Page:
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  • Writer's pictureGareth Chow

The Distribution Systems of Chinese Law Firms (Part 2)

In the previous part 1 article, we talked about few distribution systems commonly applied in Chinese law firms. This article will continuously discuss few more distribution models and what else should a firm look at when seeking growth and development.



1

The Simple Unit (Formula)


For qualified, productive partners who can also find clients and engage in non-billing business, some law firms use a relatively direct and completely objective formula to calculate the partners as mentioned above' profit; this formula is known as "The Simple Unit".

A typical formula might be that each partner receives:


one unit/point for each year with the firm


one unit/point for x amount of production (fees billed or fees received)


one unit/point for x amount of client generation.


The Simple Unit is calculated on a pro-rata basis (proportionate allocation). The significant difference between the simple unit and the system we will look at in the next paragraph (Modified Hale and Dorr) is that the former looks at the overall proportions whilst the latter are designed for a more individual goal. This is a very easy-to-understand system; employees can easily understand and compute. Michael J Anderson quoted in this book 《Partner Compensation Systems》: "every partner knows precisely what they have to do to earn the income they desire, and they know at what level all of the factors are weighted."


The downside of the simple unit formula is that: As the calculation is based on the production -- the heart of this system, it triggers potential hoarding of clients and files.Although the Simple Unit is a relatively objective system, it still considers seniority and non-billable time to some degree; it can cause animosity among the younger partners and impediments to future recruitment. If a new partner starts from zero-point/unit, compared to their peer based on the seniority factor, this point-based system will seem less motivated to young professionals



2

Modified Hale and Dorr


In the 1940s, the Boston law firm Hale and Dorr created the first incentive-based distribution system. Under this model, three types of partners can participate in profit distribution, namely:


1. Finder, a partner who expands customers and has a source of cases.


2. Minder (maintainer)-a partner who maintains customer relationships.


3. Grinder (worker)-a partner who engages in business.


According to the book, 《Partner Compensation Systems》written by Michael J Anderson, for instance: the Hale and Dorr system can be described as 10% (of profit) to the finders(who are responsible for sourcing cases), 20% to the minders (who are responsible for keeping client relations), then 60% to the grinders who engage with the business, as for the remaining 10% of profits, goes to a discretionary pool, which is allocated at year's end to the partners who have shown exceptional performance. This system gives out a clear footprint in terms of each partner's individual contribution; under the guidance of Hale and Dorr, partners will know exactly what to do to increase their income. Depending on partners personal goals and work/life balance, they can choose whatever they prefer, and the profit they would make from the selected responsibility will be expected.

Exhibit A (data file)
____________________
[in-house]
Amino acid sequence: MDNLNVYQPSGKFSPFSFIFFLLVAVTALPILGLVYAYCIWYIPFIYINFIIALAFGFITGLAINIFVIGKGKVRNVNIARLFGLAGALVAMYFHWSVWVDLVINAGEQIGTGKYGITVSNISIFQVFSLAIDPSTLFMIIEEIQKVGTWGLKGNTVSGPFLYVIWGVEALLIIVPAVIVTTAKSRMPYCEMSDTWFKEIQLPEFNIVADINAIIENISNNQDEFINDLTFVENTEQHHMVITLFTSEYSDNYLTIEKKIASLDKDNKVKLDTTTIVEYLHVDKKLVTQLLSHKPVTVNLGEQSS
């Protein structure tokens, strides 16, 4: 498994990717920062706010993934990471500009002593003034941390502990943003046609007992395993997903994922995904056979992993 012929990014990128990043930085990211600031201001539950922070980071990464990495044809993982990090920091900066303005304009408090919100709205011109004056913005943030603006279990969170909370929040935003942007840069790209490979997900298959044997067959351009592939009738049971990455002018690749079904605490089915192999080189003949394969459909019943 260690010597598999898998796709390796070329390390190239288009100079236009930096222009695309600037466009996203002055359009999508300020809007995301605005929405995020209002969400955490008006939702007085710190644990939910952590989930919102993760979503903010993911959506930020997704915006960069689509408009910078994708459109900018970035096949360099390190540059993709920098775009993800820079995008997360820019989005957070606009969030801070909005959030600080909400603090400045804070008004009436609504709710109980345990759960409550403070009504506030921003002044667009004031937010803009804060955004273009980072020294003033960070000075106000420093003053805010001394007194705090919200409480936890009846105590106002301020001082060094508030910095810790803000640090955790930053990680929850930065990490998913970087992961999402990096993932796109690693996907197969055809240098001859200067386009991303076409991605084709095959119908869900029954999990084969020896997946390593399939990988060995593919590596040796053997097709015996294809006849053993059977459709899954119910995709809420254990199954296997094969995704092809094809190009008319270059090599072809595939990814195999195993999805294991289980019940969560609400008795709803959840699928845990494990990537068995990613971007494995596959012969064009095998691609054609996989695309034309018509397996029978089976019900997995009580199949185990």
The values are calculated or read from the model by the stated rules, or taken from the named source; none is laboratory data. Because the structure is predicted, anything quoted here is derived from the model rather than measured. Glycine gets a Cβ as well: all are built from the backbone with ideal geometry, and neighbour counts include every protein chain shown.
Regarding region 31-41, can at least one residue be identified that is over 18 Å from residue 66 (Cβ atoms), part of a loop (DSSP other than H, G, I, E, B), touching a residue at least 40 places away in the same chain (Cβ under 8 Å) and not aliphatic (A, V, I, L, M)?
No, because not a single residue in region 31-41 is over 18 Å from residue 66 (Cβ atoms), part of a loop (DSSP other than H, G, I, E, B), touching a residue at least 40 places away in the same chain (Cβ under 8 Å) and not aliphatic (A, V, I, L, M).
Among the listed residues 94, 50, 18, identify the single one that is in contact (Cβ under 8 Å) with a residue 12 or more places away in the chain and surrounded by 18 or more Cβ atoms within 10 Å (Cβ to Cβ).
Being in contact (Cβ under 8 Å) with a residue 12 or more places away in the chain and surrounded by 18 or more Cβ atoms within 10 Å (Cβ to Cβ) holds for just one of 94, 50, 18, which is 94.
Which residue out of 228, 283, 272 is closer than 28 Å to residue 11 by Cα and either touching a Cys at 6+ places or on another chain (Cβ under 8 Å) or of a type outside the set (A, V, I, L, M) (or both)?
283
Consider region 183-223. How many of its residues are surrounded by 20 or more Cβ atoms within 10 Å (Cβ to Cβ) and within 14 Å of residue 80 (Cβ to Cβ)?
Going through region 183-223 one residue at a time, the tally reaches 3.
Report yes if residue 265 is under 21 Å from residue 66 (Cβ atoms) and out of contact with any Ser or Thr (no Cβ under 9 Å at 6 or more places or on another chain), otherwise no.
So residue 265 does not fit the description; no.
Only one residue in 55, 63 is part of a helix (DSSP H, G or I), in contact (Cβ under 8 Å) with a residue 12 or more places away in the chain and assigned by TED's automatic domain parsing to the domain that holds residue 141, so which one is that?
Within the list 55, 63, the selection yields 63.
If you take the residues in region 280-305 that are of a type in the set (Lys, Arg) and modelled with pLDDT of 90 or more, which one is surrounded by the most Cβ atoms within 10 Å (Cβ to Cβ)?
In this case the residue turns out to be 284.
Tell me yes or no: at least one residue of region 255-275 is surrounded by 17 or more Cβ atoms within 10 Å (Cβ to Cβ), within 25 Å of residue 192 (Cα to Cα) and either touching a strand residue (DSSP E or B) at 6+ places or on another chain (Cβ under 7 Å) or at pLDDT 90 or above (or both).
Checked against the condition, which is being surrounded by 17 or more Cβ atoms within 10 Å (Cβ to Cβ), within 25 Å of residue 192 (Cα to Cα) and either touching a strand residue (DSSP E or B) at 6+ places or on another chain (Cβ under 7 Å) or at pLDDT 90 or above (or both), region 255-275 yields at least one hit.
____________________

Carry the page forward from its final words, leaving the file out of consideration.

However, every system has its weaknesses. There are many aspects for growth in a law firm, and some of them are not as profitable. For example: divide responsibility for firm management, training or mentoring juniors, practice group leadership, recruiting or committee work.


Many law firms do not have an equal distribution in these sectors; in this case, Hale and Dorr's encouragement on partners' individual financial growth could be harmful to a law firm to obtain a steady, balanced development. The nature of this system is to motivate partners to choose work towards their own goals, which means they will always select the billable work ahead of the non-billable work. As a result, partners in a law firm will become more individual than working as a team and will not be suitable for team building if the goal is to focus on the overall firm growth.


Each law firm has its own staff composition and different market positioning. There will naturally be differences in strategy, culture and environment. A good leadership person and competent in-house management team should completely understand the characteristics and which structure/system should be adopted to increase the firm's most significant strength to an optimum level in the competition. We need to be aware of these changes, be adaptable to the law firm's strategic positioning, distribution system, or corresponding law firm structure. Otherwise, it will bring management confusion, eventually leading to recruitment impediments.

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